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Re: E4H and constructing DOMs

From: Adam Barth <w3c@adambarth.com>
Date: Fri, 8 Mar 2013 09:57:43 -0800
Message-ID: <CAJE5ia87Po5k8cRF5cN1P_9zMKOb7hRBJSZ6VXU-PFrKom45EQ@mail.gmail.com>
To: Jonas Sicking <jonas@sicking.cc>
Cc: Anne van Kesteren <annevk@annevk.nl>, Rick Waldron <waldron.rick@gmail.com>, Adam Klein <adamk@chromium.org>, Ojan Vafai <ojan@chromium.org>, Brendan Eich <brendan@secure.meer.net>, Ian Hickson <ian@hixie.ch>, "rafaelw@chromium.org" <rafaelw@chromium.org>, Alex Russell <slightlyoff@chromium.org>, "public-script-coord@w3.org" <public-script-coord@w3.org>, "Mark S. Miller" <erights@google.com>
tl;dr: No one is disputing that string templates as currently designed
are insecure by default and will lead authors to write code filled
with XSS vulnerabilities.  I recommend removing string templates for
the spec until these security issues are resolved.

(Consolidating replies---responses inline.)

On Thu, Mar 7, 2013 at 6:36 PM, Rick Waldron <waldron.rick@gmail.com> wrote:
> On Thu, Mar 7, 2013 at 9:15 PM, Adam Barth <w3c@adambarth.com> wrote:
>> Linking to a thousand-line JavaScript library as evidence that string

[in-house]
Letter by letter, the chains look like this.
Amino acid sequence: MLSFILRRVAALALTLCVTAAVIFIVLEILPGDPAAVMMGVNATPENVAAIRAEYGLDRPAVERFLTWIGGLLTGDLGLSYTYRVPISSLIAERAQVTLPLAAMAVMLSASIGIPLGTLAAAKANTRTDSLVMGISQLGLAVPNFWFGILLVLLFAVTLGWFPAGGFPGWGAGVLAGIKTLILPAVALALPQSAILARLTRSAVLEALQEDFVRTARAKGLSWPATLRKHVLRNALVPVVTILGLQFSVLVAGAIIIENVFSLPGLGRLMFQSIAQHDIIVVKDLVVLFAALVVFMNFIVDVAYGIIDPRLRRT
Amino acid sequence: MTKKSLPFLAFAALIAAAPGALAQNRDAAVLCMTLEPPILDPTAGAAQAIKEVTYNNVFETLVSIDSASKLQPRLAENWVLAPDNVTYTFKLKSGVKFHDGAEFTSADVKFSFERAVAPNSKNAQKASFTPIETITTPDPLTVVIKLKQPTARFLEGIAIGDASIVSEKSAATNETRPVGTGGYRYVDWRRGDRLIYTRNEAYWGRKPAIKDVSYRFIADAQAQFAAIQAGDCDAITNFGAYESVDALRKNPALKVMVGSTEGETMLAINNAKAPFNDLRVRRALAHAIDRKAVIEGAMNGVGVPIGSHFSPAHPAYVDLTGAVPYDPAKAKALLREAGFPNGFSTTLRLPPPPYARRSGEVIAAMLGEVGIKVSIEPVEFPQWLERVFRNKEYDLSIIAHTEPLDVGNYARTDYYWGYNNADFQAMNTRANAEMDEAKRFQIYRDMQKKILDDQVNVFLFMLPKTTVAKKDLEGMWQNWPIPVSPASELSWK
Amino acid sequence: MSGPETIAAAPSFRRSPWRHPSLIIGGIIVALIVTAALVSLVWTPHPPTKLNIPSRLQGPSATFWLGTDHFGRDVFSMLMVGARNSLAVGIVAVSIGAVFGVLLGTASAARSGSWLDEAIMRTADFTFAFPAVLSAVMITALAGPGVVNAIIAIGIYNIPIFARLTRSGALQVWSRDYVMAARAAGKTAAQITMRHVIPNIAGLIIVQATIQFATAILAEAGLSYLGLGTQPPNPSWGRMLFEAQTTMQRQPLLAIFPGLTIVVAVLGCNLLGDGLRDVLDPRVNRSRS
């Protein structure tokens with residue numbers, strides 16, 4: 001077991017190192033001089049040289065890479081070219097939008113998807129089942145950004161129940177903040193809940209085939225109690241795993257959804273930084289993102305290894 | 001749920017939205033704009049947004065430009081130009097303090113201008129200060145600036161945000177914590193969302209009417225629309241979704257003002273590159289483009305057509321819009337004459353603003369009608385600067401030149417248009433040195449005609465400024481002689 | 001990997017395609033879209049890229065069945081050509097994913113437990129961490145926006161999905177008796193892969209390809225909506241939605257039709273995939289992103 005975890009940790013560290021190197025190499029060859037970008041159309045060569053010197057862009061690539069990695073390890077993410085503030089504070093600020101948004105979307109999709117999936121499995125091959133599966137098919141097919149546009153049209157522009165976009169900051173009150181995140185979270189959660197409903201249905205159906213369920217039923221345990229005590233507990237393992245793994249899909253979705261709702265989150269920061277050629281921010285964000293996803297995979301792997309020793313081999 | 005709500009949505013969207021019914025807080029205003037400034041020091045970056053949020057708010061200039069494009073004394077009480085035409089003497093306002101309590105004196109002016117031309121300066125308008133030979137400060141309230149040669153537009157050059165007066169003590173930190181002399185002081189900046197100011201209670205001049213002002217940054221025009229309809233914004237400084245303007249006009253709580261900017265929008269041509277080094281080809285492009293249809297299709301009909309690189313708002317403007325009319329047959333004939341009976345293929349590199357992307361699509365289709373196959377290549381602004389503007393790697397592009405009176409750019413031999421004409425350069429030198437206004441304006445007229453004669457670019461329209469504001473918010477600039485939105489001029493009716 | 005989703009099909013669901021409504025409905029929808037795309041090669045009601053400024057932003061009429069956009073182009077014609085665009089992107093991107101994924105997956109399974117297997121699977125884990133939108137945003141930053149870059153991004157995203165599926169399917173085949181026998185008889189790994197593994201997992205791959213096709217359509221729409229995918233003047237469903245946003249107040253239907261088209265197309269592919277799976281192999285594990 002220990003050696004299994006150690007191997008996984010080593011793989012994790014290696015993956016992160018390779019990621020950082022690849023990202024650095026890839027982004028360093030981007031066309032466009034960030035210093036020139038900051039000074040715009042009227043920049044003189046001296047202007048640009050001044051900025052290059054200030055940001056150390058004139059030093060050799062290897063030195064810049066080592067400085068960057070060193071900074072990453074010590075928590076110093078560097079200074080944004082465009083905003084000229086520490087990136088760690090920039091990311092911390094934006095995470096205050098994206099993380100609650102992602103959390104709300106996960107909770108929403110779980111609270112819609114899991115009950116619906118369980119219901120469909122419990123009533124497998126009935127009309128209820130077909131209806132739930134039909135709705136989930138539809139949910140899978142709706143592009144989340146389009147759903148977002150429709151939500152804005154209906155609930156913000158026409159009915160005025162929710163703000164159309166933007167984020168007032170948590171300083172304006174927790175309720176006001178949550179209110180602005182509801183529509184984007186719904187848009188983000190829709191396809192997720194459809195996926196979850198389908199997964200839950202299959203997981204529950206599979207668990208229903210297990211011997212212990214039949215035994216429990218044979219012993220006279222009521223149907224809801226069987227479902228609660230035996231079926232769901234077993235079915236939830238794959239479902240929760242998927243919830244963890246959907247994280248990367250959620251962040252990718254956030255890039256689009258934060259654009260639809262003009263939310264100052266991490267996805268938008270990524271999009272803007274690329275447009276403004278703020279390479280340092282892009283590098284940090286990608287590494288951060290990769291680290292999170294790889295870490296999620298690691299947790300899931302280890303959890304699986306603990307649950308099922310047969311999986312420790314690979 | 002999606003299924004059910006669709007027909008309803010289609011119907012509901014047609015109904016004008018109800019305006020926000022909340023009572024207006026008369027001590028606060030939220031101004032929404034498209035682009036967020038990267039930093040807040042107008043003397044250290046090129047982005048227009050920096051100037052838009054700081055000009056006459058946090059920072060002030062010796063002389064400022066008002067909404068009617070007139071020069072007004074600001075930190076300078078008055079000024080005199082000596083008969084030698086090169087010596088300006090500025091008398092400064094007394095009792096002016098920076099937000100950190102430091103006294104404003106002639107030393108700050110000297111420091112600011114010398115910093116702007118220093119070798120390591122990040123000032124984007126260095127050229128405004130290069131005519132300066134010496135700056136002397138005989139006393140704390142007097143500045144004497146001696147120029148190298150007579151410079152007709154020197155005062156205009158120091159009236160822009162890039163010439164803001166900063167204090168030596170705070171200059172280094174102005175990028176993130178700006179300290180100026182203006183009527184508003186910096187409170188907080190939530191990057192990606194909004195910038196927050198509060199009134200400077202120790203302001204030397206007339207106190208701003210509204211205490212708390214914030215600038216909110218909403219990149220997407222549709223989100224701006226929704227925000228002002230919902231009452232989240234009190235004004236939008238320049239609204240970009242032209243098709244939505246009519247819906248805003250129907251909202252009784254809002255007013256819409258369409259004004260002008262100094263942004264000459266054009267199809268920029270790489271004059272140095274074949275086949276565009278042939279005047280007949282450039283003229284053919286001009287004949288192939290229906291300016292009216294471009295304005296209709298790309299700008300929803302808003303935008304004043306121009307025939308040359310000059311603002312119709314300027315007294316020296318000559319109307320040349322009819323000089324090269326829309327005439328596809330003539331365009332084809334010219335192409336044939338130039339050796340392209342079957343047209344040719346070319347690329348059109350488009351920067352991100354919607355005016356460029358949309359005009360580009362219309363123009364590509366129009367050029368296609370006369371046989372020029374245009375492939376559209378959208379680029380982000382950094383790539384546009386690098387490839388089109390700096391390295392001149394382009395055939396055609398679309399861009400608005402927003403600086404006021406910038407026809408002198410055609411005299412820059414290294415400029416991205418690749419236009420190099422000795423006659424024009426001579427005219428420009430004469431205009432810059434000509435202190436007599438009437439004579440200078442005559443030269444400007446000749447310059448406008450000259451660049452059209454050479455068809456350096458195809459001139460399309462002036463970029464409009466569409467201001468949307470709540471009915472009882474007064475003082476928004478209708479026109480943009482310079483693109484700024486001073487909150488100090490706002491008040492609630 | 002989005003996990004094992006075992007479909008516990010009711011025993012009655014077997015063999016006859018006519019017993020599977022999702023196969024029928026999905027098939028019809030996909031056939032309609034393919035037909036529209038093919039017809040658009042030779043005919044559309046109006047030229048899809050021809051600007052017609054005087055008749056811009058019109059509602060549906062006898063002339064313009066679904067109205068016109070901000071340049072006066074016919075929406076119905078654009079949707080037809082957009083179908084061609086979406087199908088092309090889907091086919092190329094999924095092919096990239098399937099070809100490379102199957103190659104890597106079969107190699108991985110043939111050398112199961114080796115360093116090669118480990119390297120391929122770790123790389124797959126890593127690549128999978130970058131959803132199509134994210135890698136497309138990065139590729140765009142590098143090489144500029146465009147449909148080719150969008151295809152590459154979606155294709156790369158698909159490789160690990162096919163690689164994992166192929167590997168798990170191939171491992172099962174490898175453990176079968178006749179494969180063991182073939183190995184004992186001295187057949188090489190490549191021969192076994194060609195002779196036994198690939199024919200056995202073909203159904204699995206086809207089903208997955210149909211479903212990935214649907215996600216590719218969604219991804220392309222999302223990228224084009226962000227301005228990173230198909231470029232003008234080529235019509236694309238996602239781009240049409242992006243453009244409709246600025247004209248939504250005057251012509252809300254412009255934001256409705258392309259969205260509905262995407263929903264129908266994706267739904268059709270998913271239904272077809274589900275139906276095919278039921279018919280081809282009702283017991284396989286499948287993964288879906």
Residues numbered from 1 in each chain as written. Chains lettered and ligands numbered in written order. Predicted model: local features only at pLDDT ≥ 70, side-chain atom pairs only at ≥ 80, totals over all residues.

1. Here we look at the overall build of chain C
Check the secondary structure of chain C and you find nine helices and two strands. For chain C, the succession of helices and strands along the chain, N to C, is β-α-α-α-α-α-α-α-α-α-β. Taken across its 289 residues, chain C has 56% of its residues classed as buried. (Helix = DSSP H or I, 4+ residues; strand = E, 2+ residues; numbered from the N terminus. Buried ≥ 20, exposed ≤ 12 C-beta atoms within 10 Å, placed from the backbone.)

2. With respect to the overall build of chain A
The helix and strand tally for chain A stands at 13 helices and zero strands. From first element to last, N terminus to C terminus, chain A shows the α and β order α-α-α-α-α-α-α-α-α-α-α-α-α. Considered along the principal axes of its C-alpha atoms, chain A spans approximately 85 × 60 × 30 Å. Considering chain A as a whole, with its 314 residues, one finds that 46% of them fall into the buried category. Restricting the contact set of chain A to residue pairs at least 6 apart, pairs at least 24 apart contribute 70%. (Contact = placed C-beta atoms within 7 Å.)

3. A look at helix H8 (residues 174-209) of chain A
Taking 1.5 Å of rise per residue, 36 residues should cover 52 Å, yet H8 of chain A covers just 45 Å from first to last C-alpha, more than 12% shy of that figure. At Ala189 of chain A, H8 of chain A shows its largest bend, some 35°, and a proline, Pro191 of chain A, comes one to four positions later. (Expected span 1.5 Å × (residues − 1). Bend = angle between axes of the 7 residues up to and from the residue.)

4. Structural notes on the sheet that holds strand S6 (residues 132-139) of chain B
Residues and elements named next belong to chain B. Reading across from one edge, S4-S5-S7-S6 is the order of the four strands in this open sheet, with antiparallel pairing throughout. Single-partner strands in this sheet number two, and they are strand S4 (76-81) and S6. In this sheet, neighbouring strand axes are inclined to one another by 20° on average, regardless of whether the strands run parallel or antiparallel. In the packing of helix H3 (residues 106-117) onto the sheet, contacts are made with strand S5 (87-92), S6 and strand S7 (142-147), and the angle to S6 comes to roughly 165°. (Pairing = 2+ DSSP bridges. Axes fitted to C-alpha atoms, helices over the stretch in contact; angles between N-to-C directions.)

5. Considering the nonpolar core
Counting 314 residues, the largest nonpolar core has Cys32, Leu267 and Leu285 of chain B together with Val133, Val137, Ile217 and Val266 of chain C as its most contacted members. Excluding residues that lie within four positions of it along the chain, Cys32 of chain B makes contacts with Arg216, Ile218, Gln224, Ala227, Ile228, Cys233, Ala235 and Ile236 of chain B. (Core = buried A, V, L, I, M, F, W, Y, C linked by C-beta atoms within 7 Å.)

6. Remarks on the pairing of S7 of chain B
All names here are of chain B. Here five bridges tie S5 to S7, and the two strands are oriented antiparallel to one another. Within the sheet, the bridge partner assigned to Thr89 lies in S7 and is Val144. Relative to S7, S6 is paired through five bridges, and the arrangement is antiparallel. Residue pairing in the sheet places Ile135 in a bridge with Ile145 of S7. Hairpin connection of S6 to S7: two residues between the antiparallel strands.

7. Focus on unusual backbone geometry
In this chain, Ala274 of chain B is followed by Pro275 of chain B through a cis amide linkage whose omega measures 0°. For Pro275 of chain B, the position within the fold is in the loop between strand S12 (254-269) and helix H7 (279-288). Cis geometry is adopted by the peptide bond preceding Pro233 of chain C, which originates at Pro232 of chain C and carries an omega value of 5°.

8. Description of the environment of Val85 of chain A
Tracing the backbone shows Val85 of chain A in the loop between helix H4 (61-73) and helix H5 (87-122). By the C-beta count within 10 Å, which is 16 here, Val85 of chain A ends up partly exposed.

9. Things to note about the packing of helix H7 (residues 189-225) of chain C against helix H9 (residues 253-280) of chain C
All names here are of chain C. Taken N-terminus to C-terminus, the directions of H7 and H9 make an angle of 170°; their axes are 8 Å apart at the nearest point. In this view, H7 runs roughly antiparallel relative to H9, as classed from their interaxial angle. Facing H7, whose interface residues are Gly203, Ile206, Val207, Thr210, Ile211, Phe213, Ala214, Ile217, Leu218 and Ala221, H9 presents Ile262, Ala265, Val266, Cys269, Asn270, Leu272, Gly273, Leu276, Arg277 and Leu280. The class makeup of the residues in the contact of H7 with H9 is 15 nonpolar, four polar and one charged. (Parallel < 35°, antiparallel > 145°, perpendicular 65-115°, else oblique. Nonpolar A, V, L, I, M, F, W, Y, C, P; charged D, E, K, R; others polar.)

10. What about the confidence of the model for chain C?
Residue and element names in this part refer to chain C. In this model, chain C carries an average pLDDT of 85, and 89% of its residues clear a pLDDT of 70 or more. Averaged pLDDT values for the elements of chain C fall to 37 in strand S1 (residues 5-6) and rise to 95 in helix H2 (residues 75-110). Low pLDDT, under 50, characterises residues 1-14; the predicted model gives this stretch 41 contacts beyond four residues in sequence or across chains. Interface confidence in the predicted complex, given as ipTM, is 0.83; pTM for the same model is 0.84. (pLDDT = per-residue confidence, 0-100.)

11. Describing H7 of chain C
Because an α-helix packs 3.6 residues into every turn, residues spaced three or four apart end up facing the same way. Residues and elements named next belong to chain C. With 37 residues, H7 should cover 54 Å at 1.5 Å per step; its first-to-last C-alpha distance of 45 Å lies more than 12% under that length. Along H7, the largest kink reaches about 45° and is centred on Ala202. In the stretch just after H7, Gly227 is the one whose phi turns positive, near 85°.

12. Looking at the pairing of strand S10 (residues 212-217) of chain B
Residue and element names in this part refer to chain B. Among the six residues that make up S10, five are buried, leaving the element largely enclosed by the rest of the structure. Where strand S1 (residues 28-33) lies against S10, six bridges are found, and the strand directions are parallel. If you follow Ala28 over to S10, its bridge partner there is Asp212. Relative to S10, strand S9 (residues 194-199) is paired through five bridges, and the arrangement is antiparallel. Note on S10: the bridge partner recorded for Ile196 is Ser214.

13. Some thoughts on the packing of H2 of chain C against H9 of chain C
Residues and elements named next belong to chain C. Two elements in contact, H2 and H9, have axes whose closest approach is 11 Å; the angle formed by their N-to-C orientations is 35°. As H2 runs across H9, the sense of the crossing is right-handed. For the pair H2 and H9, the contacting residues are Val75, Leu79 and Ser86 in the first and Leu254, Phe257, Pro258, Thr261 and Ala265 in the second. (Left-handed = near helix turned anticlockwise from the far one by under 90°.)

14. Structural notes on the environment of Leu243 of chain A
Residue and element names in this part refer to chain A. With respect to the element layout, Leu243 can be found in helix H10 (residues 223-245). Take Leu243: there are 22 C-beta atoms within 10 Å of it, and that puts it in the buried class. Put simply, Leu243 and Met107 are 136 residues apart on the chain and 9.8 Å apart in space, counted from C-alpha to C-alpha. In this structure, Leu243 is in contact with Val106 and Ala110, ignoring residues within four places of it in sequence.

>> template can be used securely pretty much proves my point: it's hard
>> to use string templates securely.  That means that most authors won't
>> use them securely and will write code that's full of XSS.
> I'd like to kindly ask that you stop approaching this conversation as though
> browsers and the web are the only client of the EcmaScript specification.
> The language serves to provide primitives that can be used to compose higher
> level abstractions, eg. DOM APIs with whatever level of security the domain
> problem requires.

That's a nice strawman, but I'm not approaching this conversation as
through browsers were the only clients of ECMAScript.  What I'm saying
is that the current design is insecure when used in browsers and
because browsers are a large user of ECMAScript, we shouldn't include
a language feature that gives web authors a giant security footgun.

On Thu, Mar 7, 2013 at 7:40 PM, Mark S. Miller <erights@google.com> wrote:
> Hi Ian, this seems a misunderstanding or non-sequitur. Mike and Rick's point
> is not to compromise, it is to do something solid and general purpose, to
> avoid injection bugs in a variety of DSL scenarios, not just HTML. Even in
> the browser, JS is sometimes used to compose SQL that is sent to the server.
> It isn't the browser's business to understand SQL, but we can provide a
> mechanism that is as useful for SQL, again, without compromise.

String templates, as currently designed, are bad for constructing SQL
statements too.  When used in their default mode (which is the most
common way that authors will use them), they lead to SQL injection
vulnerabilities.  Instead, we should use an approach analogous to
prepared statements, which are much less likely to lead to SQL

> Adam, I think you miss the point of Mike's message rather completely. This
> thousand line JS library has to be done for HTML once, not once per usage.
> It is complicated because HTML is complicated. And the amount of code
> compares quite favorably to the browser's HTML implementation, which is much